Hello and welcome to a new column focusing on the 2017 DuckTales revival!
Before we get into the review, I want to go over a little of my history with DuckTales. Namely, that I have absolutely no history with this series or these characters. Despite living only a few hours from Disney World, I was never a Disney kid. I was too young to catch the Disney Afternoon block when the show first aired. I’ve also never read a Duck comic before, though hopefully writing these reviews will get me to finally read that Carl Barks volume that’s been sitting on my shelf.
Even given all of that, my love for humorous action/adventure cartoons and the peculiar voice cast attracted me to the show. So it’s with full excitement that I say, let’s dig into the story of The Doctor and his three scrappy nephews, Jean-Ralphio from Parks and Rec, Abed from Community, and… Bobby Moynihan.
1. Nostalgia for Something I’d Never Experienced Before.
Having gone in blind, I was pretty surprised at how nostalgic this felt. There’s a deep sense of joy throughout the whole episode, of childlike wonder and fun. Just listen to that theme song (which, it turns out, is actually a re-recorded version of the original theme). From the first minute, you’re thrown into a world equal parts modern and classic, combining a modern sense of humor with timeless storytelling strategies. Even if you’re like me and have never seen the original DuckTales, have no fear: everybody’s invited to this ride.
For those keeping track, I wrote in a review a few months ago that I don’t really like adventure stories. Well, I’ve since realized that isn’t completely true. For me, there’s a good way to do adventure, where everything starts at the characters and builds out from there, and a bad way to do it, where characters go from one place to the next for no reason other than the wow factor. DuckTales does it the good way.
And it’s a blast! With proper introductions, intertwining story threads, and actions rooted in the people (ducks?) we’ve invested in, this is the kind of adventure that connects with you and then pulls you along through the ride. The directors know when to throw in a visual gag and when to let the details in the body expressions tell the story, and they know how to get you to share in a sense of awe. The music also follows suit, being suitably regal or madcap when needed. The team knows exactly what they want to do here, and they execute it marvelously!
3. The Cast.
Since this is the first episode, let’s talk a little about the cast. As mentioned before the first thought, the four primary leads are all fairly well known to fans of cult tv shows. Others in the cast come from live-action comedy backgrounds, including another SNL member, Beck Bennett, as Launchpad McQuack, and Kate Micucci, who seems to pop up in a lot of alternative comedy shows, as Webby Vanderquack.
I find it interesting that Disney chose to cast primarily live-action stars rather than look at the voice-acting pool, but all of the casting honestly works. The triplets all sound similar yet retain their own vocal personality quirks, and all other characters sound natural in their roles. Nobody had much trouble adapting to the voice-acting process. The only problem I had with the voice cast was that I could only understand every tenth word Donald Duck said, but apparently that voice actor has been the only voice of the character since 1985, so that point’s probably moot.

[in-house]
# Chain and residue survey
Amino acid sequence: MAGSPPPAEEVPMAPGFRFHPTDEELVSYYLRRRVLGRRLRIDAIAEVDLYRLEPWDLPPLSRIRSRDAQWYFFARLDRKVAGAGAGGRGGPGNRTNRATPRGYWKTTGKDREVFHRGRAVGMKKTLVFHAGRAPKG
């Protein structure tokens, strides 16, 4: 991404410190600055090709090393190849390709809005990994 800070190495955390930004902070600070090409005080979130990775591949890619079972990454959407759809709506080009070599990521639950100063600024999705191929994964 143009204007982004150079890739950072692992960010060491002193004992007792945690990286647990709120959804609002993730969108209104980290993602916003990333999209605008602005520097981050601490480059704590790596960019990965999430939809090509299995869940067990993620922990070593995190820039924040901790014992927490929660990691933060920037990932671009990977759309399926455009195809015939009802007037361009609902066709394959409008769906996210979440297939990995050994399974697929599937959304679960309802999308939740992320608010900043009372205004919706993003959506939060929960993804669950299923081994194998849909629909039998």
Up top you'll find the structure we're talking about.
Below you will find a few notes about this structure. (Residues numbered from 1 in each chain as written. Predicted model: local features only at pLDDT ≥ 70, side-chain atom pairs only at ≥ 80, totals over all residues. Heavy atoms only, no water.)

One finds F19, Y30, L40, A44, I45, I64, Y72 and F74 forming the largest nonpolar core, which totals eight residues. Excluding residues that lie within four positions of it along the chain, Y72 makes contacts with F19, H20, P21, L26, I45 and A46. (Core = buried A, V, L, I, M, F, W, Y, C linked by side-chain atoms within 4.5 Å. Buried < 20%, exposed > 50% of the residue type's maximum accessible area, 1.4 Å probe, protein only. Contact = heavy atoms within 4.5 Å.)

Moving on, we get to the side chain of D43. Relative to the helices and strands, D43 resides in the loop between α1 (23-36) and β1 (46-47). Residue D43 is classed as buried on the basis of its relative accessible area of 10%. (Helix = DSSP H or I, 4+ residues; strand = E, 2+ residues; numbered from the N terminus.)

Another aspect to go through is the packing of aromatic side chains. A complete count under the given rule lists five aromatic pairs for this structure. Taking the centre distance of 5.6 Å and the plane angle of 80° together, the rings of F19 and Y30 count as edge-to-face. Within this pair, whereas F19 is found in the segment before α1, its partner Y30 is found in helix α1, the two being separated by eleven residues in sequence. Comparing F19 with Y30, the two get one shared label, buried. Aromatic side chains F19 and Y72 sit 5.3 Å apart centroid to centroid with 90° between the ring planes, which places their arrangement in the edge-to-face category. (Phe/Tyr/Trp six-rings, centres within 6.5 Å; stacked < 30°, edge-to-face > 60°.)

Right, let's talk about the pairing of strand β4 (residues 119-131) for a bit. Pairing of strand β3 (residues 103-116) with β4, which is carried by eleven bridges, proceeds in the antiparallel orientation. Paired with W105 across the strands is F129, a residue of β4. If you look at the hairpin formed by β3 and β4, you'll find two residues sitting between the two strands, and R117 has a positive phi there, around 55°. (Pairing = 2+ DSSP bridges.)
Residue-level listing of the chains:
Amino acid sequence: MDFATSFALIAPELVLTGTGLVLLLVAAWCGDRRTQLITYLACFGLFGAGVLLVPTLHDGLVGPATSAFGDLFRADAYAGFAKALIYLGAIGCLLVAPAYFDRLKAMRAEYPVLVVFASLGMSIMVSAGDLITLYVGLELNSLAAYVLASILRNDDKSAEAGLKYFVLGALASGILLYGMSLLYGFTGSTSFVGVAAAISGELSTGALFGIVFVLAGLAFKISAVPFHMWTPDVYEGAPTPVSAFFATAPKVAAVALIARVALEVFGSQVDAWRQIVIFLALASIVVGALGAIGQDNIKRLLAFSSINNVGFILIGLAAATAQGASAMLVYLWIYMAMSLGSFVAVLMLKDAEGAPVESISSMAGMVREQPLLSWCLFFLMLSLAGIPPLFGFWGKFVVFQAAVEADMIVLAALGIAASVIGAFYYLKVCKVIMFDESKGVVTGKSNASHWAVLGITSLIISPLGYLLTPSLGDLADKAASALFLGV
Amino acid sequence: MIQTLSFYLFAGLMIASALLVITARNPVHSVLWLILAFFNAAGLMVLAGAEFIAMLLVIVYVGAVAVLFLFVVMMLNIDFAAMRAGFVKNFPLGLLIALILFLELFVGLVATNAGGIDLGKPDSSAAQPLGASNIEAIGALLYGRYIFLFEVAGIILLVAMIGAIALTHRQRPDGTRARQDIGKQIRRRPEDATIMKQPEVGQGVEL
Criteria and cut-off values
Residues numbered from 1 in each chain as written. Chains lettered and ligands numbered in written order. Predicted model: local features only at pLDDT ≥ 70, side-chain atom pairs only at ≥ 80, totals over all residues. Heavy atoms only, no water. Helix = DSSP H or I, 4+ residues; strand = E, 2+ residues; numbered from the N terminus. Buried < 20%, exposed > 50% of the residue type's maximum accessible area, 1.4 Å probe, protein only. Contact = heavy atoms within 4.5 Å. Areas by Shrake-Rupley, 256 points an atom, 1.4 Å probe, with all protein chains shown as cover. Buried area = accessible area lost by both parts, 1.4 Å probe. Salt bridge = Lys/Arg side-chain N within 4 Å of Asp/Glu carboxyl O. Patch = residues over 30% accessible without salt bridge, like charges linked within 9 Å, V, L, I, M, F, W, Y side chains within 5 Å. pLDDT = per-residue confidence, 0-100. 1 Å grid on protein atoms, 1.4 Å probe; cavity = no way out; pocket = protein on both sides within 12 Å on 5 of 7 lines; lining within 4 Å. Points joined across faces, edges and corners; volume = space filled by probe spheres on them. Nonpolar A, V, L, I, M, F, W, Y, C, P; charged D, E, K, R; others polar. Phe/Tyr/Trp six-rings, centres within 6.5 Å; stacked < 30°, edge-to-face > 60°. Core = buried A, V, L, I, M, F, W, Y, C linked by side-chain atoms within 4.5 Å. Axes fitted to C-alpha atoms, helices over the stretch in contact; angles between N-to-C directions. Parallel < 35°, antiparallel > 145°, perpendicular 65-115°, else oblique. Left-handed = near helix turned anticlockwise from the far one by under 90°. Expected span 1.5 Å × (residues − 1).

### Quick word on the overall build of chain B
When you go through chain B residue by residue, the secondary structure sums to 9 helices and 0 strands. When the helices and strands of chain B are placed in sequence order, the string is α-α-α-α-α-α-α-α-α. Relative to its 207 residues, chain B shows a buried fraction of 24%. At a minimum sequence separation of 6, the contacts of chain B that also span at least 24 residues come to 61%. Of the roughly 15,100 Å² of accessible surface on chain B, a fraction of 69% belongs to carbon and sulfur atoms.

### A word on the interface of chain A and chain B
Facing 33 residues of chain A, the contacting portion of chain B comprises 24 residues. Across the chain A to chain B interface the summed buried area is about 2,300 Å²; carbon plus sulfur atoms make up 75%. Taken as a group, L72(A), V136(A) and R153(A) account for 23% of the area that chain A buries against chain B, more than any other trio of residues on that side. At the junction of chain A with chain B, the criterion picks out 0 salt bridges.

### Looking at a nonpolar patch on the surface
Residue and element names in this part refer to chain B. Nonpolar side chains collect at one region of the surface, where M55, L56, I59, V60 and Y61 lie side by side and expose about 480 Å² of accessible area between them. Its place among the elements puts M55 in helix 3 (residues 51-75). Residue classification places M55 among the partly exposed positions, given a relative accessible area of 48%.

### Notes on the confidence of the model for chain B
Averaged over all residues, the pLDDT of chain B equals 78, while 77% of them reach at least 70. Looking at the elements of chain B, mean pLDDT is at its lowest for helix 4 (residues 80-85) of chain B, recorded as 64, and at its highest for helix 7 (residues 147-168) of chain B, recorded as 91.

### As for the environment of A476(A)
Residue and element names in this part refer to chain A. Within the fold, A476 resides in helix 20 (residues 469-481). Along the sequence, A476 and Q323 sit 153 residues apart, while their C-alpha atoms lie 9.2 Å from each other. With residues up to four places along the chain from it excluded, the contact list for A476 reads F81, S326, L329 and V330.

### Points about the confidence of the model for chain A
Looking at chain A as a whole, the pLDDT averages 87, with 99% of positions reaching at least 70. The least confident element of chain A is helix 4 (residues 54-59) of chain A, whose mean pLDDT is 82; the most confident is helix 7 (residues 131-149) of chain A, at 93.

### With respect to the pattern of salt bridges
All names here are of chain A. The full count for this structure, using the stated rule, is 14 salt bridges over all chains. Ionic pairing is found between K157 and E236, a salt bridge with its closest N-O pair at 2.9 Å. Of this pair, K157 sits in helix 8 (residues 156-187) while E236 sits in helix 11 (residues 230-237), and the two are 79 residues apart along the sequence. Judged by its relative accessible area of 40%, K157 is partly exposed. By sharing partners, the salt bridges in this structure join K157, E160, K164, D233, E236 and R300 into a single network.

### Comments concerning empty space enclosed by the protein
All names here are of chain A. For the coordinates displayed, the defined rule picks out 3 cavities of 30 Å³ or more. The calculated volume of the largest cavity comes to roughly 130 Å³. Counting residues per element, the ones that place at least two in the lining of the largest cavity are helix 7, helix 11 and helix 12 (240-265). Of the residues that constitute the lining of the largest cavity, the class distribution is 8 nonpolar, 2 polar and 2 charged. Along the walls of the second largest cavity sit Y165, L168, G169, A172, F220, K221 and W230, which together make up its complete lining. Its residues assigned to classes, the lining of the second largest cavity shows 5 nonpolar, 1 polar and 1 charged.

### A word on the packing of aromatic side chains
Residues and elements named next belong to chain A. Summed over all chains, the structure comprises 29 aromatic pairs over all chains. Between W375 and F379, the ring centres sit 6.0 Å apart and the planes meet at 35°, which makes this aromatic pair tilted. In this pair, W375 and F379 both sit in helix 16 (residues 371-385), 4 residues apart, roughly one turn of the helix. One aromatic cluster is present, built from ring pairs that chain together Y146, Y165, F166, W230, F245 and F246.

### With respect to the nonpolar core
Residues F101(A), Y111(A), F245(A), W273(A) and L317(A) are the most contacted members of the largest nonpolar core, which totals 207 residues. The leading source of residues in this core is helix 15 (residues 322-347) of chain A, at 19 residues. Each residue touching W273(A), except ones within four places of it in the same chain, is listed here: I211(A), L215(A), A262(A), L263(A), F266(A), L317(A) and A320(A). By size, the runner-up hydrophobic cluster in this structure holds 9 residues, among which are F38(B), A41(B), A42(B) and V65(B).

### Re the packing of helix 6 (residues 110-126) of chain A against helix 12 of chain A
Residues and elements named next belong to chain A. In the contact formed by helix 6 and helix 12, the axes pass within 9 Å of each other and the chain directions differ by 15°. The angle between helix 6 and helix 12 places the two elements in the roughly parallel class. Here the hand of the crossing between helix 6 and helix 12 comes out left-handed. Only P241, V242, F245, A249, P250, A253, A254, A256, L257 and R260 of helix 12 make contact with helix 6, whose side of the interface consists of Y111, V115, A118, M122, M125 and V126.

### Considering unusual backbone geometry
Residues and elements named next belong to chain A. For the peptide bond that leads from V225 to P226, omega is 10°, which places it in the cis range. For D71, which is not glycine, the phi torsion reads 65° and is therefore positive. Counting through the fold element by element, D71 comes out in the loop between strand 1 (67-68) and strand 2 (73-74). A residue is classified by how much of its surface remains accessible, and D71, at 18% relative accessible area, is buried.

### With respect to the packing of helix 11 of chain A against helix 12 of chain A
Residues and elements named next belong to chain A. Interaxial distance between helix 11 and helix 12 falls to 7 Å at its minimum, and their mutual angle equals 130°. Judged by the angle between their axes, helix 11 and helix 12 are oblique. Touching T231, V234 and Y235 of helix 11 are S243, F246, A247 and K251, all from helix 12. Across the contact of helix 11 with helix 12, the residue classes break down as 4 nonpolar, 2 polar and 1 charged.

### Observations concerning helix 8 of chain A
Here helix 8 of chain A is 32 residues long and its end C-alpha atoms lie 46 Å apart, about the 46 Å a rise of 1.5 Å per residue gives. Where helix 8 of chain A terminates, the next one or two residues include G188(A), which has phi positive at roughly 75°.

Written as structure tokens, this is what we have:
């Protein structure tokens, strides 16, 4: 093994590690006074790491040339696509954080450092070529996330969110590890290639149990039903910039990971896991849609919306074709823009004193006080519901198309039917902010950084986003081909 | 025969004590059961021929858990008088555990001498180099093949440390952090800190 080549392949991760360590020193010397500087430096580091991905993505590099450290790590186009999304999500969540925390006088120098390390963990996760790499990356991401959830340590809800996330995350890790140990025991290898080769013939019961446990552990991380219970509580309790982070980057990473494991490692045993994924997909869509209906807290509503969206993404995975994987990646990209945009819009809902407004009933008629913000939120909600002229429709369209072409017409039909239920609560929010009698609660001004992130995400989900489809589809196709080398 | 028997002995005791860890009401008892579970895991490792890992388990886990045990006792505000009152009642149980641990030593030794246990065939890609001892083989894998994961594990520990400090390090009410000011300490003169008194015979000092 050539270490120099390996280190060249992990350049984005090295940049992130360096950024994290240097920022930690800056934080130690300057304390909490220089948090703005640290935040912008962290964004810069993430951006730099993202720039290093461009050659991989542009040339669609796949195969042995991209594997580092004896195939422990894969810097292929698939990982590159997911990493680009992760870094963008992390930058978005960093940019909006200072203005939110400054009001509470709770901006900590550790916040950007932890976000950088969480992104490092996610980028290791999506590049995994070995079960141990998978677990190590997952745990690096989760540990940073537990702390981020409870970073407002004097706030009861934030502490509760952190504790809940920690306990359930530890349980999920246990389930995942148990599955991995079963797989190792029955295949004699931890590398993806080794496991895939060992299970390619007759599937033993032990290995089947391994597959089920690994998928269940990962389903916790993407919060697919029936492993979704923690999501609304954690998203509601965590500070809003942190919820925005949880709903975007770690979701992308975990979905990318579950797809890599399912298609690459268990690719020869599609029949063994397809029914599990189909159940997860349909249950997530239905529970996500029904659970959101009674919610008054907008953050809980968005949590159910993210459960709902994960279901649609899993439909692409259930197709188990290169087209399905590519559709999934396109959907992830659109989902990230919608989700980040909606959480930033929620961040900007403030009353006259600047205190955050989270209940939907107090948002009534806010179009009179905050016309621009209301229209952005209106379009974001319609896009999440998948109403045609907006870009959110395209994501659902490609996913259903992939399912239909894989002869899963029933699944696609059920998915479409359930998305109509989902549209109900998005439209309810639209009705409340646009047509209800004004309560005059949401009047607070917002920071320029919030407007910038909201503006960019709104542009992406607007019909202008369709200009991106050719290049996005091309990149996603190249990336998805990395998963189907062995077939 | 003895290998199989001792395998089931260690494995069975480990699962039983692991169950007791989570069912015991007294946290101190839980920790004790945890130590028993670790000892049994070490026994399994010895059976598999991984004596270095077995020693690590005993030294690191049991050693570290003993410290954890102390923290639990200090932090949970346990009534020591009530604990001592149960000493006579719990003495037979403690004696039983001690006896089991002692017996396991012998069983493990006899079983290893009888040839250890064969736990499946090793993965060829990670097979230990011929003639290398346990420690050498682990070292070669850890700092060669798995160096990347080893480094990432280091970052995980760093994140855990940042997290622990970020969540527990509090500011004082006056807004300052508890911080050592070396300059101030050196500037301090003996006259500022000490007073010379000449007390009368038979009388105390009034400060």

4. The Crew.
Over on the crew, our showrunners are Matt Youngberg, who worked on Transformers Animated and the 2005 Teen Titans show, and Francisco Angones, who came over directly from Wander Over Yonder and previously worked on the live-action sitcom Men At Work. You can see bits of each of these influences in the show, from the character-focused adventure of Youngberg’s filmography to the quick jokes and gags of Angones’s.
This episode’s directors came over from one of my personal favorite recent cartoons, Gravity Falls, and we get some of that show’s trademark exciting, well-paced, humorous action scenes. Let’s hope DuckTales also picks up some of that show’s mythos and mystery and makes it into its own thing.Continued below
On a final note, Noelle Stevenson of “Lumberjanes” and “Nimona” fame is on the writing team! Always cool to see someone working in both comics and animation. At the very least, it justifies covering the show on a comics news site.
5. The Set-Up.
A lot of this episode was set-up. We spend a solid half of the hour-long premiere just learning who the characters are before the adventure starts, and it’s all completely necessary. Unfortunately, even after all of that, I had some trouble telling Huey, Louie, and Dewey apart — wait, the blue one is Jean-Ralphio, right? And he’s the extra-mischievous one, yeah? — though I assume others will have a much easier time with this if they have past experience with the characters. We get a full idea of who everyone is, why they are together, why they matter, and why we should care about their adventures. We also go on the inaugural adventure and end on a note with potential for a bigger story to unfold.
Essentially, this episode was exactly what we needed story-wise, and the tone, animation, and everything else inbetween supported it and built this world before our eyes. There’s still going to be a little more of a learning curve for me, but as it is, I know exactly what to expect in the future and I’m excited for the next episode. So as a first episode? Call this a success.
What did you think of the episode? Any nostalgic stories to share? How does this compare to the original? Sound off in the comments, and I’ll see you in a month for the next episode!